First Liquid Robotics Wave Glider deployed from Africa, in support of CSIR’s SOCCO program - Sea Technology Services
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First Liquid Robotics Wave Glider deployed from Africa, in support of CSIR’s SOCCO program

Fair winds and following seas to CSIR#1, the first Liquid Robotics Wave Glider deployed from Africa!

CSIR#1 started its maiden voyage from Hout Bay, Cape Town, and is making steady progress towards the continental shelf-break 65NM due west of Cape Town. 

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Wave Gliders offer an innovative approach to provide self-powered autonomous ocean vehicles and sensor platforms, harnessing wave energy to provide essentially limitless forward propulsion, independent of wave direction (see video of Wave Glider propulsion system) and using solar energy for powering their navigation and control electronics, satellite communications and science instrumentation.

CSIR#1 is owned by the Council for Scientific and Industrial Research (CSIR), with Sea Technology Services providing the operational and engineering support (logistics, sea testing, operating, piloting and maintenance). The Wave Glider will be remotely piloted from the new Southern Ocean Engineering R&D Centre (SOERDC) in Cape Town, during the present test deployment and its six month long journey to the Southern Ocean later this year, in support of the SOCCO program.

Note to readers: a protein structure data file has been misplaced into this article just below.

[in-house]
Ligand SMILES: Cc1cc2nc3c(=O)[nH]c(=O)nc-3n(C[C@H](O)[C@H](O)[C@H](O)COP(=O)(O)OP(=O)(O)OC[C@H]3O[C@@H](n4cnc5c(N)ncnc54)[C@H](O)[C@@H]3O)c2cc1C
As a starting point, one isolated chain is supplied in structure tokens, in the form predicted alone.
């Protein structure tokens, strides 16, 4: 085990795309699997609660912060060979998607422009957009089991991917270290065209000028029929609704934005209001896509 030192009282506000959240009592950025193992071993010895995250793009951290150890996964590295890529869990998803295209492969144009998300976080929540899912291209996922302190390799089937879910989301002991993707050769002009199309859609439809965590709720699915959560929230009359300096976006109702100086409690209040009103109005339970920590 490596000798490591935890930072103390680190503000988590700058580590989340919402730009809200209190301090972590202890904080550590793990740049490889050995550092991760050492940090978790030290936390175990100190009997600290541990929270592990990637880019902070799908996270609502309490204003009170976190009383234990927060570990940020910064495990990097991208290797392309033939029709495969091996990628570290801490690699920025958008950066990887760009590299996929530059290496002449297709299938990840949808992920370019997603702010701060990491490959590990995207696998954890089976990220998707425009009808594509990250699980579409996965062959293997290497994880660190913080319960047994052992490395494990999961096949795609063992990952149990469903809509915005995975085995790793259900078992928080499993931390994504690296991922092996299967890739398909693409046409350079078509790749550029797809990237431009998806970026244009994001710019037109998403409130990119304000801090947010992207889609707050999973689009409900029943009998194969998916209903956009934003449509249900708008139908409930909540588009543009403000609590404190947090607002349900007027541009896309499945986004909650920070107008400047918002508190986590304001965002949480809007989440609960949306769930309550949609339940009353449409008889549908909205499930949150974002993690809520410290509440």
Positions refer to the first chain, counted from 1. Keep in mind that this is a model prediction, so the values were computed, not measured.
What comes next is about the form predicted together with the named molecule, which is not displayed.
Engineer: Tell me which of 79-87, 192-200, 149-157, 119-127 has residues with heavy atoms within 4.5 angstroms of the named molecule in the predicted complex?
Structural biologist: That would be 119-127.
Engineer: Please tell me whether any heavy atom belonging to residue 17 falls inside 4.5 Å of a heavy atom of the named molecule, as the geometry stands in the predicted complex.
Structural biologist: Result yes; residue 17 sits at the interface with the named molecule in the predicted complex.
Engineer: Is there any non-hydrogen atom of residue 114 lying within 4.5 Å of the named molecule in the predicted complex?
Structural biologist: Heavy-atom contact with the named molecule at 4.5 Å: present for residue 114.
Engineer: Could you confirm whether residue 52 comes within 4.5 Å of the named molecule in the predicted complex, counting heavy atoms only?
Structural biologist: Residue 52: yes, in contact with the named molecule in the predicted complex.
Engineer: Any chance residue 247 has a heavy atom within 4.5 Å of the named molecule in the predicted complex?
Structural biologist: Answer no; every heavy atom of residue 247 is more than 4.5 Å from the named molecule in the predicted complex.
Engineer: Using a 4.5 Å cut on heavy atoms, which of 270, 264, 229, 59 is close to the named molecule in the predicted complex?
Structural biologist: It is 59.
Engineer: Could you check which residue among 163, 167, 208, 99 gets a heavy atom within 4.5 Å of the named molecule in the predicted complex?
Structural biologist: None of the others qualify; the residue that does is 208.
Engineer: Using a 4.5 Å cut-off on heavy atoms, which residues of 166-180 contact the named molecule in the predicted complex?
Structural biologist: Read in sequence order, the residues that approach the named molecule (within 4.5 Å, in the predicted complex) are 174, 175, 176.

This is the first time measurements of the Southern Ocean are being made on this scale,” says Dr Pedro Monteiro, head of the Southern Ocean Carbon-Climate Observatory (SOCCO) in a recent article in Business Day.

The current deployment off Hout Bay will see CSIR#1 at sea for a month, undergoing testing, pilot training and assessments of its:

a) propulsion, navigation, control and communications systems
b) storm handling capabilities
c) scientific instrumentation payload

I. NOAA PMEL MAPCO2 carbon analysing system (atmospheric & ocean carbon levels)
II. SeaFET pH sensor (ocean acidity)
III. Sea-Bird PRAWLER CTD (temperature and salinity)
IV. Sea-Bird SBE-63 Dissolved Oxygen sensor 
V. Sea-Bird SBE-56 Temperature recorder